I recently saw the "Divergent" movie.
There are several changes between the book and the movie, but the one that bothered me the most had to do with the simulated rape scene between Tobias and Tris. (To explain, Tris in her simulation believes that Tobias will harm her/ rape her and she has to fight him off.) The entire point of Tobias' relationship with Tris is that he is not coercive, he is emotionally open to her and he listens to her. Her fear is not a fear of being raped. Her fear is a fear of intimacy in general. She is afraid of being that vulnerable, that open to somebody. In the book, he wants to sleep with her (in the simulation) and her response is that she doesn't want to sleep with him in a simulation and she kisses him, and that's enough for her to be able to move on to the next sim. It's about her being able to set up emotional boundaries, not her actual fear of him physically harming or disrespecting her. And it's about her fear of beautiful sex, not her fear of violent rape.
It upsets me that this fear -which I think is nuanced and important and reflective of some of the women who struggle with sexual dysfunction- was not seen as "valid" enough to transmit to the big screen, and instead her fear had to become one of sexual assault and rape.
We understand fear of sexual assault and rape. It may be harder to understand that a woman would be afraid of going too fast with someone she cares about or even loves, that she might be afraid of being bare, of being vulnerable. But I think that's the more important narrative to tell specifically because it is hard to understand.
Tuesday, March 25, 2014
Monday, February 3, 2014
You know that tagline, "It Gets Better"?
Well- it DOES get better.
First, the amount of time that I needed to dilate prior to having sex diminished. I started to realize that I was simply feeling readier faster. I've come up with a theory, which is the following: Right after mikvah, your vagina hasn't been stretched recently (because you've had 2 weeks or so without sex or dilators). So that first time, you have to dilate for a while, say 15-20 minutes. Maybe even longer. (The other option, of course, would be to dilate while you have your period; I never really liked doing that). But as you have sex more frequently, and your vagina adapts itself like the stretchy, fun muscle that it is, you realize you have to dilate less and less frequently.
And then comes that time when you realize that actually...YOU DON'T HAVE TO DILATE AT ALL.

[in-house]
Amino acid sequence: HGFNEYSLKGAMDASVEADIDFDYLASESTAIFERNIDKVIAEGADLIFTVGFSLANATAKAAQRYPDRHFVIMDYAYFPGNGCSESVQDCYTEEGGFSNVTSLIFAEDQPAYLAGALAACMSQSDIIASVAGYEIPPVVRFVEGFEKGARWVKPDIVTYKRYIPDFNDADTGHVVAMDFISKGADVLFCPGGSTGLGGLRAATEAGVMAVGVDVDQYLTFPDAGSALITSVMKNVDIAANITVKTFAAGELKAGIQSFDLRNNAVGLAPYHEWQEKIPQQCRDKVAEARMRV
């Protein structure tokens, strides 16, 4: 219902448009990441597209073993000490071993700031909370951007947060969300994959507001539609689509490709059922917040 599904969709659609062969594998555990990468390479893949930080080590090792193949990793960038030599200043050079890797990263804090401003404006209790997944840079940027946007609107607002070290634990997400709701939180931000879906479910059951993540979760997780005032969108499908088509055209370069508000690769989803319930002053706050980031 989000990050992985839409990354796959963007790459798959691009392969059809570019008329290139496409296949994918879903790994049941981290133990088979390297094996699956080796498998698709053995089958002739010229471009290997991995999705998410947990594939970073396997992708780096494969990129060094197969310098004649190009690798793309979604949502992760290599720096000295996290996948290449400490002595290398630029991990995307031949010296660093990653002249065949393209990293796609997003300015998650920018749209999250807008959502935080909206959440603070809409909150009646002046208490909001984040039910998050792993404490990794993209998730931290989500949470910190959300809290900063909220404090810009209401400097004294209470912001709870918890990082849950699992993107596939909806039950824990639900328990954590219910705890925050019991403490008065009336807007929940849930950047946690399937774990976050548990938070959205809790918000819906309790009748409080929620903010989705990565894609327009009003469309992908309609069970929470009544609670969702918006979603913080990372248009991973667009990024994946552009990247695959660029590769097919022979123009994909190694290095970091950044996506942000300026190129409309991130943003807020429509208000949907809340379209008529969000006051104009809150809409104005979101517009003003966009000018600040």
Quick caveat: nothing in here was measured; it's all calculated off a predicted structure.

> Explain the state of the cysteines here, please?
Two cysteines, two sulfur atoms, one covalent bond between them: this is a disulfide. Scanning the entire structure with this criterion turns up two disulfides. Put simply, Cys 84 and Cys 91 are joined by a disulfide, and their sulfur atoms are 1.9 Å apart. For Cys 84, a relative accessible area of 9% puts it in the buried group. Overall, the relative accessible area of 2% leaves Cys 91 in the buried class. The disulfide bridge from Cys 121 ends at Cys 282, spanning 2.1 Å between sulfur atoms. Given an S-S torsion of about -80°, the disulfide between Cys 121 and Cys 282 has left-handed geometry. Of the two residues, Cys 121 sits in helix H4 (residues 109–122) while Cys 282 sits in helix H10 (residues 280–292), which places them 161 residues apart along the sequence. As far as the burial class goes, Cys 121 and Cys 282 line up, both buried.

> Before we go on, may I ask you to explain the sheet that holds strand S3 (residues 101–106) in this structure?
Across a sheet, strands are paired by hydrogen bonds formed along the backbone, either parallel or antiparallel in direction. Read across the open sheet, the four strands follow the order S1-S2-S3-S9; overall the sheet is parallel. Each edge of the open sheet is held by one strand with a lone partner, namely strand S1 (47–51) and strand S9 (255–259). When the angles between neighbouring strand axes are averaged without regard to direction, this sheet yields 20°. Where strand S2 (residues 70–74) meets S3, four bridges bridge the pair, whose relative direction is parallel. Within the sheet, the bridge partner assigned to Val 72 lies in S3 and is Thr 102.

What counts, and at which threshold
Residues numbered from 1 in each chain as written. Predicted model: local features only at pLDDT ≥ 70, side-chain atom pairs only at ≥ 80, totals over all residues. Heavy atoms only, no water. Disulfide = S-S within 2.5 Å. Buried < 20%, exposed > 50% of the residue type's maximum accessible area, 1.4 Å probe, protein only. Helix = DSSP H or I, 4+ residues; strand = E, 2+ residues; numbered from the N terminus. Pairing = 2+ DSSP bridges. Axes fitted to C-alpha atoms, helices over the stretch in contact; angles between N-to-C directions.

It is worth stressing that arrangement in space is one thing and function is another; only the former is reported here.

Because you and your husband can go have spontaneous sex. You can flirt and dance your way to the bedroom and fall onto the bed in a tangled heap, after which you can have him arouse you, and excite you, and otherwise make sure you're ready. And then, you just have to run your hand over him with some oil or some lubricant, and you're ready to make love.
No dilators. No preparation. Just you and him. Together at last.
Enjoying this experience.
No, actually LOVING this experience.
Already looking forward to the next time that you'll get to do this.
Having a happy, pleasurable, love-making experience.
And so I've become a Happy Jewish Girl.
An awesome doctor (Dr. Goldstein), an awesome CBT therapist, and a supportive and loving husband got me there.
Here are some things I never thought I'd say:
I actually love sex.
Love the closeness.
Love the foreplay.
Love the feelings.
Love that my husband and I have traveled so far and have gotten to this amazing place.
Guess I wasn't made to be a nun after all!
I plan to keep writing, but also just want to express that this blog, this journey, is about hope.
When I started this blog, I needed an outlet, a place to vent, a place to cry and wail and lash out against the world.
I wanted to talk about my embarrassment in not even knowing my own anatomy.
I needed to feel like I wasn't all alone.
Like I wasn't crazy.
I needed to share that I was in incredible pain and nothing was helping.
Physical pain. Emotional anguish. Guilt. Feeling like this was all my fault while lashing out at my husband.
Talking about how sex was impossible.
That I was considering a divorce.
The way I treated my husband.
The darkness we were going through.
Thinking I was being punished for my sins.
Thinking God was angry with me.
Doing anything possible to avoid having sex.
Falling into despair.
I'm not despairing anymore.
I'm in love with the amazing man I married.
I love that we get to be together and that it's a fabulous experience, spiritually, physically and otherwise.
I feel pleasure.
I feel alive.
If you are living through the hell my husband and I lived through,
Do not give up hope.
Do not despair.
There may be a solution.
Talk to Dr. Goldstein about it.
Do the surgery (if you have what I had).
And even if there isn't a solution yet-
there might be, one day.
We'll be hoping for you,
praying for you,
wanting you to join us in our
An incredible word.
An incredible sensation.
An incredible high.
My husband and I went through hell and back.
This was our journey.
We are the champions.